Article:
After the repeal of the WB-HIRA, the Government of West Bengal, Housing Department, by its Notification dated July 27, 2021, framed the West Bengal Real Estate (Regulation and Development) Rules, 2021, and the rules will come into force from the date of their publication in the Official Gazette. Thereafter, by another Notification dated July 29, 2021, the Government of West Bengal, Housing Department established an Authority known as the West Bengal Real Estate Regulatory Authority with immediate effect to exercise the powers conferred on it and to perform the functions assigned to it under the RERA throughout the State of West Bengal. With a further notification dated July 30, 2021, the Government of West Bengal, Housing Department, established an Appellate Tribunal known as the West Bengal Real Estate Appellate Tribunal with immediate effect. It is a sad plight that though the authorities have been established by several notifications dated July 29, 2021 and July 30, 2021, respectively, the positions of Chairperson, Members of the Regulatory Authority, Judicial Member, and Administrative Member of the Appellate Authority are still vacant. By a notice dated July 7, 2022, the Search Committee constituted under the West Bengal Real Estate (Regulation and Development) Rules, 2021, invited eligible and willing persons for the above-mentioned position.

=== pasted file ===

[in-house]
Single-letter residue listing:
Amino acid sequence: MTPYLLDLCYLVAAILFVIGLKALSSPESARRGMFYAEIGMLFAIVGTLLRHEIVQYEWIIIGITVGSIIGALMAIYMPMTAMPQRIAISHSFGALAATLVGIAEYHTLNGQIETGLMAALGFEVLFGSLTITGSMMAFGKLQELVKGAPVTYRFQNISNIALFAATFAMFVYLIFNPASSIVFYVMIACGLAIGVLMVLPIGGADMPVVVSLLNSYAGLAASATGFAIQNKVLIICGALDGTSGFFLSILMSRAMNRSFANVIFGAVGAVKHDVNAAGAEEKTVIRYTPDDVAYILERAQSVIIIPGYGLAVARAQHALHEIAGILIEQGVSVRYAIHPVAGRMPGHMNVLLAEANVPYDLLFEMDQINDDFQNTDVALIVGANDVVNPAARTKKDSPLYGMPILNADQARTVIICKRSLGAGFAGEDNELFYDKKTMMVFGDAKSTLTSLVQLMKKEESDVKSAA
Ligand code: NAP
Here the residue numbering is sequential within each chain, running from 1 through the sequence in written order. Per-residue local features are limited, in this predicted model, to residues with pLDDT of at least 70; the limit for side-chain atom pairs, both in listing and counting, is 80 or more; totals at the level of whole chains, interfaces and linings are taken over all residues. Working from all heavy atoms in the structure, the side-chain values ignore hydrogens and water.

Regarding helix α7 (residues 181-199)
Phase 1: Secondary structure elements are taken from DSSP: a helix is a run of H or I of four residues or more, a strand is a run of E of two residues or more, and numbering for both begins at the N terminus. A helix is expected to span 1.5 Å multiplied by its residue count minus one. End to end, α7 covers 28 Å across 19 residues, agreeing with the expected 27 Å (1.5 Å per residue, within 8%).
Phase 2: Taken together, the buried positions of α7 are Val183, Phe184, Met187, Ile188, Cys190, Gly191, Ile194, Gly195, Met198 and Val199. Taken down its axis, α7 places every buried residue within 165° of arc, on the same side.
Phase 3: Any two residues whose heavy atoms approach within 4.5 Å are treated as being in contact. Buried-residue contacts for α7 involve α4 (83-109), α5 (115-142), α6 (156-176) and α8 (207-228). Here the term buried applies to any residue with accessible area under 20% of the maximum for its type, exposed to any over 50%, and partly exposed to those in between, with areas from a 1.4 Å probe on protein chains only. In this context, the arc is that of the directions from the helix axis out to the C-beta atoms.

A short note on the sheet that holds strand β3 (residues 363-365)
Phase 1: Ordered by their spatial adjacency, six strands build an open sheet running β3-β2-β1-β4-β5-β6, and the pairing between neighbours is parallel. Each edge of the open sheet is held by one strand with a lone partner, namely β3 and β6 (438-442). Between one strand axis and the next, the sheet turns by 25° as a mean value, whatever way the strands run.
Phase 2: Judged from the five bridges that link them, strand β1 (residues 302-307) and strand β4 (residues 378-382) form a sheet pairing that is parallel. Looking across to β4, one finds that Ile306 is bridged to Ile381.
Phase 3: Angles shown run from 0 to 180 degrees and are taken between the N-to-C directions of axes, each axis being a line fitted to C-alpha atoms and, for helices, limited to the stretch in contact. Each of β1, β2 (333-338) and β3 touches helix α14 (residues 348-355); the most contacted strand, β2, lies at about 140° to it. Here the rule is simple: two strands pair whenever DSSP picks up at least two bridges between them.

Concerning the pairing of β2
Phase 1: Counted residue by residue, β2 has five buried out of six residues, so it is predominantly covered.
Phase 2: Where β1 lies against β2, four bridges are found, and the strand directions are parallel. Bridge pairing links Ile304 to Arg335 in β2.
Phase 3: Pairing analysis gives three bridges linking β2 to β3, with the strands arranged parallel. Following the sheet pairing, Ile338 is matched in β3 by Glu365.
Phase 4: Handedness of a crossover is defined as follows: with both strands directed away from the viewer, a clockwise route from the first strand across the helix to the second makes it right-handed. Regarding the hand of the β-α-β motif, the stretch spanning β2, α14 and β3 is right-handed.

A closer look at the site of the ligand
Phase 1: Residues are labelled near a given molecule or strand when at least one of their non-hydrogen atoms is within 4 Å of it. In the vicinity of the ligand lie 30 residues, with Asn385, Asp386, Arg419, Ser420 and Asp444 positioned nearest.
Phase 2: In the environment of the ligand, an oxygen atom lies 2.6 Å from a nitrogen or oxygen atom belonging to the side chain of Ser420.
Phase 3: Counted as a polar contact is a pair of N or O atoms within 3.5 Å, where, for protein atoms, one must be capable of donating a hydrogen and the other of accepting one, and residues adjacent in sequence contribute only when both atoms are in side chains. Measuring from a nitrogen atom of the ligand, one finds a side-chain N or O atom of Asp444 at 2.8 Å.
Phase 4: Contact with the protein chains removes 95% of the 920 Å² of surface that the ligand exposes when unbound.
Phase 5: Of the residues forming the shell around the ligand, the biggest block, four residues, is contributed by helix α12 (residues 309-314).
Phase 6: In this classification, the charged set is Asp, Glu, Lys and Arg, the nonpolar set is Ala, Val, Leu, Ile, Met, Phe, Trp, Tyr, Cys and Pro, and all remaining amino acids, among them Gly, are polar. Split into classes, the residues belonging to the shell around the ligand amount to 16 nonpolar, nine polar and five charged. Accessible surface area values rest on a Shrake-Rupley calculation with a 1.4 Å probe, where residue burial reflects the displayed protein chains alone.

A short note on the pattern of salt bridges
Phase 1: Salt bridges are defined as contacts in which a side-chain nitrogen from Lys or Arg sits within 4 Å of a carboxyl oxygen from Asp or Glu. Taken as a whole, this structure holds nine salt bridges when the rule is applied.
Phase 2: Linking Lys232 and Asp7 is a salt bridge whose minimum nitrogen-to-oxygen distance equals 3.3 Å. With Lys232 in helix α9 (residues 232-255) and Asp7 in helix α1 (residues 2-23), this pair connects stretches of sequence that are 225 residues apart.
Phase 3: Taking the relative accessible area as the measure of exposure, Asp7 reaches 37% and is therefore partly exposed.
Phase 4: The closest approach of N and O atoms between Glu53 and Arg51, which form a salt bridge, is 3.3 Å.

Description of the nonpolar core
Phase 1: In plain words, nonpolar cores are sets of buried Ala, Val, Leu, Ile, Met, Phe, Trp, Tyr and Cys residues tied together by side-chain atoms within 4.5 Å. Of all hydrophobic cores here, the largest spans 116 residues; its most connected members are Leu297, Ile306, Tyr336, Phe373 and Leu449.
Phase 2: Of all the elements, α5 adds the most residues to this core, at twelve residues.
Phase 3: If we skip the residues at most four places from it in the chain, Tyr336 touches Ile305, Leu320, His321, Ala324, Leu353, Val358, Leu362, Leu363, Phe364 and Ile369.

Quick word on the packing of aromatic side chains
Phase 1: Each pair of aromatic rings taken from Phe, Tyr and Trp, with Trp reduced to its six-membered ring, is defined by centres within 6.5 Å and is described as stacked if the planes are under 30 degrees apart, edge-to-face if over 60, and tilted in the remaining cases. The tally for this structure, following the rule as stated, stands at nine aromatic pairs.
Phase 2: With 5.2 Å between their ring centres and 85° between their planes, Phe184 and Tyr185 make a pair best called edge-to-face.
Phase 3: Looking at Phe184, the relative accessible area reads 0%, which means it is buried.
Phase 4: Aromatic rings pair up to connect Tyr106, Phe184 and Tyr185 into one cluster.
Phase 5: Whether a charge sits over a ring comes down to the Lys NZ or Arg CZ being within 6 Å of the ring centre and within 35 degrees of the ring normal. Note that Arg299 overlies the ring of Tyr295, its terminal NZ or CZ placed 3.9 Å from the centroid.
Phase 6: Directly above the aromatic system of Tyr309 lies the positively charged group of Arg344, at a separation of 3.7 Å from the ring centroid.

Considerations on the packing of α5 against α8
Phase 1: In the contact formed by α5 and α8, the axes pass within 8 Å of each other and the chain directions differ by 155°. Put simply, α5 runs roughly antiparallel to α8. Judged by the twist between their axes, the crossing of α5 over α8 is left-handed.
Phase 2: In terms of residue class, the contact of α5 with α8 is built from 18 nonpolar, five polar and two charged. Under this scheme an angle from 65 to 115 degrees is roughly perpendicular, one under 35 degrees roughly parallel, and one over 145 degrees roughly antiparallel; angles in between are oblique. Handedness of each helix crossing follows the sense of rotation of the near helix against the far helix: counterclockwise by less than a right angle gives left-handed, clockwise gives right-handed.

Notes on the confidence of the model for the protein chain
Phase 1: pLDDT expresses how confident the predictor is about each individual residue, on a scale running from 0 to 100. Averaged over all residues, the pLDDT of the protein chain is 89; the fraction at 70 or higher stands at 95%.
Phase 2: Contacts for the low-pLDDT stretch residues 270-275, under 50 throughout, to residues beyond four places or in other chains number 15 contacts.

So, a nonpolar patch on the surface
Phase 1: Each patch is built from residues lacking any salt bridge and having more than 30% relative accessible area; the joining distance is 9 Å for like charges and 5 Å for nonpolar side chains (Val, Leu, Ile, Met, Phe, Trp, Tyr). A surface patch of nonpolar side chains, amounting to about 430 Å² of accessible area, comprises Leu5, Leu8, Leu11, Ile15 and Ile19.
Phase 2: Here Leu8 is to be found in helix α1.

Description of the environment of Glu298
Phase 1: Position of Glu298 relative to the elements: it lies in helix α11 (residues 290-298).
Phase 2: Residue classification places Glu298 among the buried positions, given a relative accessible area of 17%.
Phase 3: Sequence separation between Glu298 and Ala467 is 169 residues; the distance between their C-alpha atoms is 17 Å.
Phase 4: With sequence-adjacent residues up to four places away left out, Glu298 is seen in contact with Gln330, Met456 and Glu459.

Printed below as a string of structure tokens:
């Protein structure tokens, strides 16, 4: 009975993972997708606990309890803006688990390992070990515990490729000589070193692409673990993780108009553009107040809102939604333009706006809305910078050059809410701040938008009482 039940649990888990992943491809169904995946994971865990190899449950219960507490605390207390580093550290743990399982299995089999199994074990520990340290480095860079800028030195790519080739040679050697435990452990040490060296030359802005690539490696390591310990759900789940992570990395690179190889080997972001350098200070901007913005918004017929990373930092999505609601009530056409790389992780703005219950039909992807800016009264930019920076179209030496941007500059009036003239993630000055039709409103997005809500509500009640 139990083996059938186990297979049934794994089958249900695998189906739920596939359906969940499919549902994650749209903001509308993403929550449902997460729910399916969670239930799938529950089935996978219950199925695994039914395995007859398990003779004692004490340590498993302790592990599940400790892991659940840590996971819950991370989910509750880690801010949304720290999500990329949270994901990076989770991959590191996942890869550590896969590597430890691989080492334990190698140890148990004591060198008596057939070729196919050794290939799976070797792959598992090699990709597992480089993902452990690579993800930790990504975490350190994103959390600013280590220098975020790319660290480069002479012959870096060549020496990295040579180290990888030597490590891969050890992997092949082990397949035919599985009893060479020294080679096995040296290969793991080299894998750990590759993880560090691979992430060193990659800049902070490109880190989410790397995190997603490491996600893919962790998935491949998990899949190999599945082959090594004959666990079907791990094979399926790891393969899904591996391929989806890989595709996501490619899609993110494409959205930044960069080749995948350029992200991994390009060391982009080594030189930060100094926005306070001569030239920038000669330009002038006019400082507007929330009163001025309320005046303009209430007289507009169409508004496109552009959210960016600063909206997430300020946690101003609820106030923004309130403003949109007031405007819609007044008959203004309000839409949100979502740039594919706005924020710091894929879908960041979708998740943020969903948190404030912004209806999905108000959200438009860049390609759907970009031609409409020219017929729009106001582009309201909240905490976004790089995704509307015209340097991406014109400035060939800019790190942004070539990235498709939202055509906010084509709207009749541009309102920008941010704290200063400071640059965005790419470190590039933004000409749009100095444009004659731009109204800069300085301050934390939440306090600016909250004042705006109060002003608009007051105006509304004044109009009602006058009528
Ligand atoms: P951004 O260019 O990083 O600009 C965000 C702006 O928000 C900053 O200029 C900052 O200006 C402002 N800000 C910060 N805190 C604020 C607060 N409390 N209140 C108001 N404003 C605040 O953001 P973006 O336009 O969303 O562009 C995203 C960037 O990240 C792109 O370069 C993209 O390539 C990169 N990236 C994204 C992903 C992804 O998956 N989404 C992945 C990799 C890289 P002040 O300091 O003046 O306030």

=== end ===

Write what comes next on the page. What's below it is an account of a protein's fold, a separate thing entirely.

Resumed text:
A time-bound and proper implementation of the real estate regulatory law RERA in the state is required. Lack of implementation of RERA has left home buyers in the lurch as neither new complaints can be filed against builders nor existing complaints already filed before the erstwhile WB-HIRA can be continued and home buyers are being subjected to even more ruthless exploitation by builders since there is no mechanism in the state at present for redressal of home buyers’ grievances.

WB-HIRA is a “virtual replica” of the Central Law. A significant and even overwhelmingly large part of WB-HIRA overlaps with the provisions of RERA, but it does not complement the central law by fortifying the rights, obligations, and remedies.